The Political Effects of Economic Inequality : Evidence from Hong Kong

Shen YANG, Alfred M. WU*

*Corresponding author for this work

Research output: Journal PublicationsJournal Article (refereed)peer-review

1 Citation (Scopus)

Abstract

Economic inequality can have significant political-social impacts, leading to social unrest and other negative consequences. With a high level of economic inequality and a remarkably contentious society, Hong Kong offers an intriguing case for investigating the political consequence of economic inequality. Based on an original random sampling survey in 2017, this study examines the political effects of perceived economic inequality in Hong Kong from three perspectives, namely, its impacts on citizens’ preferences for redistribution, political autonomy, and social protests. This study yields several important findings. Citizens’ perceived economic inequality is positively correlated with support for government redistribution and support for political autonomy. However, perceived economic inequality is not associated with citizens’ propensity to join social protests. We find that political values and citizens’ identities influence their demand for political autonomy and propensity to join protests. Our study thus sheds fresh light on the effect of economic inequality on a developed economy.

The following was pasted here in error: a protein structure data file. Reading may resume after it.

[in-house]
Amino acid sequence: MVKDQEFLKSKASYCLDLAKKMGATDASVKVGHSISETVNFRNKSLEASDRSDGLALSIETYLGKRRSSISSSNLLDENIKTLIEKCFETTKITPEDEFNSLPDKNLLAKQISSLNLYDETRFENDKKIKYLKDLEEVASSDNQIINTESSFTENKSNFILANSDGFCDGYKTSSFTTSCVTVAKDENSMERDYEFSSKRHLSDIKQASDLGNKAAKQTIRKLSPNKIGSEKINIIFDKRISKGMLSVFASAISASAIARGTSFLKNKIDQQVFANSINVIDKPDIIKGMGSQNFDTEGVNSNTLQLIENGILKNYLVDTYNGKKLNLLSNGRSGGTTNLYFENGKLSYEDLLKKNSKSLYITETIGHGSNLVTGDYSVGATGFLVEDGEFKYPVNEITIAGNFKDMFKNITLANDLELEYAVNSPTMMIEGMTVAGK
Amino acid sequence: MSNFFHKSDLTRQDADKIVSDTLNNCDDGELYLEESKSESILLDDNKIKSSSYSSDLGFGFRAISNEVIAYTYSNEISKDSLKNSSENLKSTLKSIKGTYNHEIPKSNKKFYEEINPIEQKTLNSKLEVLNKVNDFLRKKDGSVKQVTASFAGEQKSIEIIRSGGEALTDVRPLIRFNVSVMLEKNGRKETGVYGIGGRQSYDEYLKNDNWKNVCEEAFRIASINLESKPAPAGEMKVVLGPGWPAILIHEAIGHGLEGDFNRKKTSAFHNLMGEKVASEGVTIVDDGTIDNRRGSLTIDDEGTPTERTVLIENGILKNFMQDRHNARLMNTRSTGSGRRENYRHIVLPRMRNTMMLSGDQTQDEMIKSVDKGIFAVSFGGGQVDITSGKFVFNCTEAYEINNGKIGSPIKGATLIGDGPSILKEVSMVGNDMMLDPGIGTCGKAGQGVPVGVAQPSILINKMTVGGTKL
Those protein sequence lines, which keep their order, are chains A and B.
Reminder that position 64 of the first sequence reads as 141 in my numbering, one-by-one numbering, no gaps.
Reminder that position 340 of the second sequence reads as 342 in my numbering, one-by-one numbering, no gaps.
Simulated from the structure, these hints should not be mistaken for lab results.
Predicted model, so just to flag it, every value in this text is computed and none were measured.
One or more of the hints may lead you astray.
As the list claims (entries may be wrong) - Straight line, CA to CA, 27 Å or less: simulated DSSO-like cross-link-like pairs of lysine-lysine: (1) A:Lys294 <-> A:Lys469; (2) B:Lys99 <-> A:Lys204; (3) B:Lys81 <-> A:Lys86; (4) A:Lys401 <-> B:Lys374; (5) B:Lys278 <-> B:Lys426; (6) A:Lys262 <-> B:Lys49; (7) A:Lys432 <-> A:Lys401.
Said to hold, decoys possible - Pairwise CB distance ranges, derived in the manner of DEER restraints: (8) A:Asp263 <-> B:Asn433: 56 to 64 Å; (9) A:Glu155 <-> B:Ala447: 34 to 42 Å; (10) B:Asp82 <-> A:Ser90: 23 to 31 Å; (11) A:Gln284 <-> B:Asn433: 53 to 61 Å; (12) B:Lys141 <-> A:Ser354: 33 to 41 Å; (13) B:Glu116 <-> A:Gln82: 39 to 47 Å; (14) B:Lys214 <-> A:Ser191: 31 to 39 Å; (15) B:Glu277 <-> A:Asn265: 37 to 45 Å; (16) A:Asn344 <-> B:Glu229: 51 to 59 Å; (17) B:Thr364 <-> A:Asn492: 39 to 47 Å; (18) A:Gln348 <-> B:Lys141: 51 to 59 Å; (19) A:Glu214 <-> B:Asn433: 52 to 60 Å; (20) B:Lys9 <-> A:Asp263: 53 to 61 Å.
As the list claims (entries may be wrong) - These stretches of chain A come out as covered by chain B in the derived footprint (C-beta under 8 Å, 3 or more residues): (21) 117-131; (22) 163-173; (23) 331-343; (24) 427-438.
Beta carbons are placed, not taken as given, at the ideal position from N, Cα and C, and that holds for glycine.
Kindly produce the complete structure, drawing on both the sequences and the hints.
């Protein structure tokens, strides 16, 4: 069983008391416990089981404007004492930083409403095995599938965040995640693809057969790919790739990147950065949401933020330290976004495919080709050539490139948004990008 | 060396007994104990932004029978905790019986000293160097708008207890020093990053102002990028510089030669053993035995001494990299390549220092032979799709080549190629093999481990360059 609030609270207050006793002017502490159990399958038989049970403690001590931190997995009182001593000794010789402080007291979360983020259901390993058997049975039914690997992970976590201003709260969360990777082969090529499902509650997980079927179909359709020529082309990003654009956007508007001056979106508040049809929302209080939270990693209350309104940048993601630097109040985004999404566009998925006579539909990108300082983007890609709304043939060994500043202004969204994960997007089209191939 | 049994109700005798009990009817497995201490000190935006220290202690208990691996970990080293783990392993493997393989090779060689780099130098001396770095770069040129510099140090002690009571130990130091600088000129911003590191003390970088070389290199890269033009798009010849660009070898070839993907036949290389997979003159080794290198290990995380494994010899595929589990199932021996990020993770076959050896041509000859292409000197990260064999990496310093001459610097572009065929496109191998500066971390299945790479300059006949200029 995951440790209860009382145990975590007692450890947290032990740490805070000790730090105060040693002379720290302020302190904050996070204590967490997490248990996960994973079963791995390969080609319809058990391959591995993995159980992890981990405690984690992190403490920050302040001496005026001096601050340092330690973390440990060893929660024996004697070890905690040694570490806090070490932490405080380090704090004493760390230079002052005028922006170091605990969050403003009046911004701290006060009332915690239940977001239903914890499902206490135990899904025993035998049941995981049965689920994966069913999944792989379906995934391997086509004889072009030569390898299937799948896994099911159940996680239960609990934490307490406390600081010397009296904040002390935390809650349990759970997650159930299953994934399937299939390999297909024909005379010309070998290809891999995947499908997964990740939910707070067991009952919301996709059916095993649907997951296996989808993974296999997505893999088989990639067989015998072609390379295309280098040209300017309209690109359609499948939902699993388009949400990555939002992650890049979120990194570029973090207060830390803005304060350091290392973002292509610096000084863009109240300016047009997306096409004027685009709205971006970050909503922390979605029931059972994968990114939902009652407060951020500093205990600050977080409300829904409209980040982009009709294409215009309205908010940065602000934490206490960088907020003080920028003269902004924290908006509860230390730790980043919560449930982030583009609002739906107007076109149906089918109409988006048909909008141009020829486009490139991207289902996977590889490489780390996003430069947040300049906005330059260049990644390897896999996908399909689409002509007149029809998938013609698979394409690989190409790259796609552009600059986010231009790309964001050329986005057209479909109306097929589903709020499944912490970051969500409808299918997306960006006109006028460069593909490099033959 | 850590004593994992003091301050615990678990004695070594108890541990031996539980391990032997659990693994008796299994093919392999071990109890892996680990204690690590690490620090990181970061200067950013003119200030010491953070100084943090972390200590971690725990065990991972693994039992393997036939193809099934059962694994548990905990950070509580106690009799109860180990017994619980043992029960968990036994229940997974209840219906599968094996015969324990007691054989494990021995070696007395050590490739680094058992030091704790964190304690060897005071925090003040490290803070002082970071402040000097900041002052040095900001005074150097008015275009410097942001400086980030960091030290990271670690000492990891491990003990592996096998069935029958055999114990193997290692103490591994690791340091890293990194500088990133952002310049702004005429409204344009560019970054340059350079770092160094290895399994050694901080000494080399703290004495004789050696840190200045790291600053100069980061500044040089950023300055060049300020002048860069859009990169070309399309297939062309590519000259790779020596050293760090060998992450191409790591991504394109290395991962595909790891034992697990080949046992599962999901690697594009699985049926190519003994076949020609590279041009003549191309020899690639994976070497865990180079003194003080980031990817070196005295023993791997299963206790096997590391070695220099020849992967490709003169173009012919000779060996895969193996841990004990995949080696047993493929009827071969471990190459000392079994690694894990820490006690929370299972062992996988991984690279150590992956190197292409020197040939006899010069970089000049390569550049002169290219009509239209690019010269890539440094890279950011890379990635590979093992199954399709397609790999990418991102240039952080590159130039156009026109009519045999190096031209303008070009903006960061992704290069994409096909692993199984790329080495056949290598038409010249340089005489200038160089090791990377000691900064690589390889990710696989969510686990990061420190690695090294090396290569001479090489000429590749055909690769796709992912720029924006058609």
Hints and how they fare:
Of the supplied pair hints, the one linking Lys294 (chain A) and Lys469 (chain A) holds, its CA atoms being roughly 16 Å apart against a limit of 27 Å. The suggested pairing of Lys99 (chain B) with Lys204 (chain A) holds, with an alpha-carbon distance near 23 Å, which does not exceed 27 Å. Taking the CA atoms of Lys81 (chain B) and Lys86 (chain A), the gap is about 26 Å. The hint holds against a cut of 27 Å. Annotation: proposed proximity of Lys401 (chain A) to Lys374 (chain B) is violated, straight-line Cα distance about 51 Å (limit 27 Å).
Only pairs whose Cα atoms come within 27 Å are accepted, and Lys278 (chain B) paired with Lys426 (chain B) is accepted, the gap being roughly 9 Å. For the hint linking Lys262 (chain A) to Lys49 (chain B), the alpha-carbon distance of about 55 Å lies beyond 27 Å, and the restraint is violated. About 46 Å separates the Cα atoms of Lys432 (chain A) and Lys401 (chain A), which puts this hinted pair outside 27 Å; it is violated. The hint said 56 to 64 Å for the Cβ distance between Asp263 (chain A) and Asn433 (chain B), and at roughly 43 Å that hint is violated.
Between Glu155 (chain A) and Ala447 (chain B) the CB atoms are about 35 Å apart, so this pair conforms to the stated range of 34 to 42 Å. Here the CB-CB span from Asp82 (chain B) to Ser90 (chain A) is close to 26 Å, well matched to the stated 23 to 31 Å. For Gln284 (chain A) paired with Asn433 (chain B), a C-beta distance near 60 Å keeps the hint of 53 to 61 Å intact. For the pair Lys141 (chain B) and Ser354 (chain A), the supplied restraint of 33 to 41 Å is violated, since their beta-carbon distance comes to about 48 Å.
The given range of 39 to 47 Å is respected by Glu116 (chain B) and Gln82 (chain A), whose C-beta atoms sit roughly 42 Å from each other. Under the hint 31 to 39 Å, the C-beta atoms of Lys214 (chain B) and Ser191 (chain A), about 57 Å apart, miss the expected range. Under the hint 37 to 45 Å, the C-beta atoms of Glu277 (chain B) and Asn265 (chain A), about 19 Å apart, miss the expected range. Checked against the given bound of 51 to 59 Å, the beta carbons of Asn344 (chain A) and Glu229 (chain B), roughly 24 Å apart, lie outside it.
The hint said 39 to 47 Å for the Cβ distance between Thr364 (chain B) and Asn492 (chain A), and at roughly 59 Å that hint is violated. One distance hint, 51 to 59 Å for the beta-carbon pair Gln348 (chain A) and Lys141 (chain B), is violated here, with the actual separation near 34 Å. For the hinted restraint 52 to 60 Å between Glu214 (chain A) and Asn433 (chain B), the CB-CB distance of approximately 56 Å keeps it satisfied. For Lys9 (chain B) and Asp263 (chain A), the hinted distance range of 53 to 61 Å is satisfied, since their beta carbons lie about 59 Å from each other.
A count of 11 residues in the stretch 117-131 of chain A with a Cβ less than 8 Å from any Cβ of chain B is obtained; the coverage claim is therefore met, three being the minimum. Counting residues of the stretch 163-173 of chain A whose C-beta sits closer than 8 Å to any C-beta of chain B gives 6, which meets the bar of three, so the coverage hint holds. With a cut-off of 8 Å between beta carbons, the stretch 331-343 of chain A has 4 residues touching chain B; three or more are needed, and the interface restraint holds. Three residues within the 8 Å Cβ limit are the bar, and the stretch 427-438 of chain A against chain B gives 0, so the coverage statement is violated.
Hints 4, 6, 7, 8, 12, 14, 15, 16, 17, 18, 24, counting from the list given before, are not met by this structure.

Original languageEnglish
Pages (from-to)749-769
Number of pages21
JournalSocial Indicators Research
Volume171
Issue number2
Early online date5 Jan 2024
DOIs
Publication statusPublished - Jan 2024

Bibliographical note

For helpful advice on the paper, we would like to thank Chen Chuanmin, Hu Peng, Hu Yue, Ji Chengyuan, Zeng Yu, and particularly Su Zheng. We also appreciate the feedback received from the 3rd Shanghai Forum on Chinese Political Economy Research at Shanghai Jiao Tong University and the 2023 Lien International Conference at Nanyang Technological University in Singapore.

Publisher Copyright:
© 2024, The Author(s).

Publisher Copyright:
© The Author(s) 2024.

Keywords

  • China
  • Hong Kong
  • Inequality
  • Political autonomy
  • Protest
  • Redistribution

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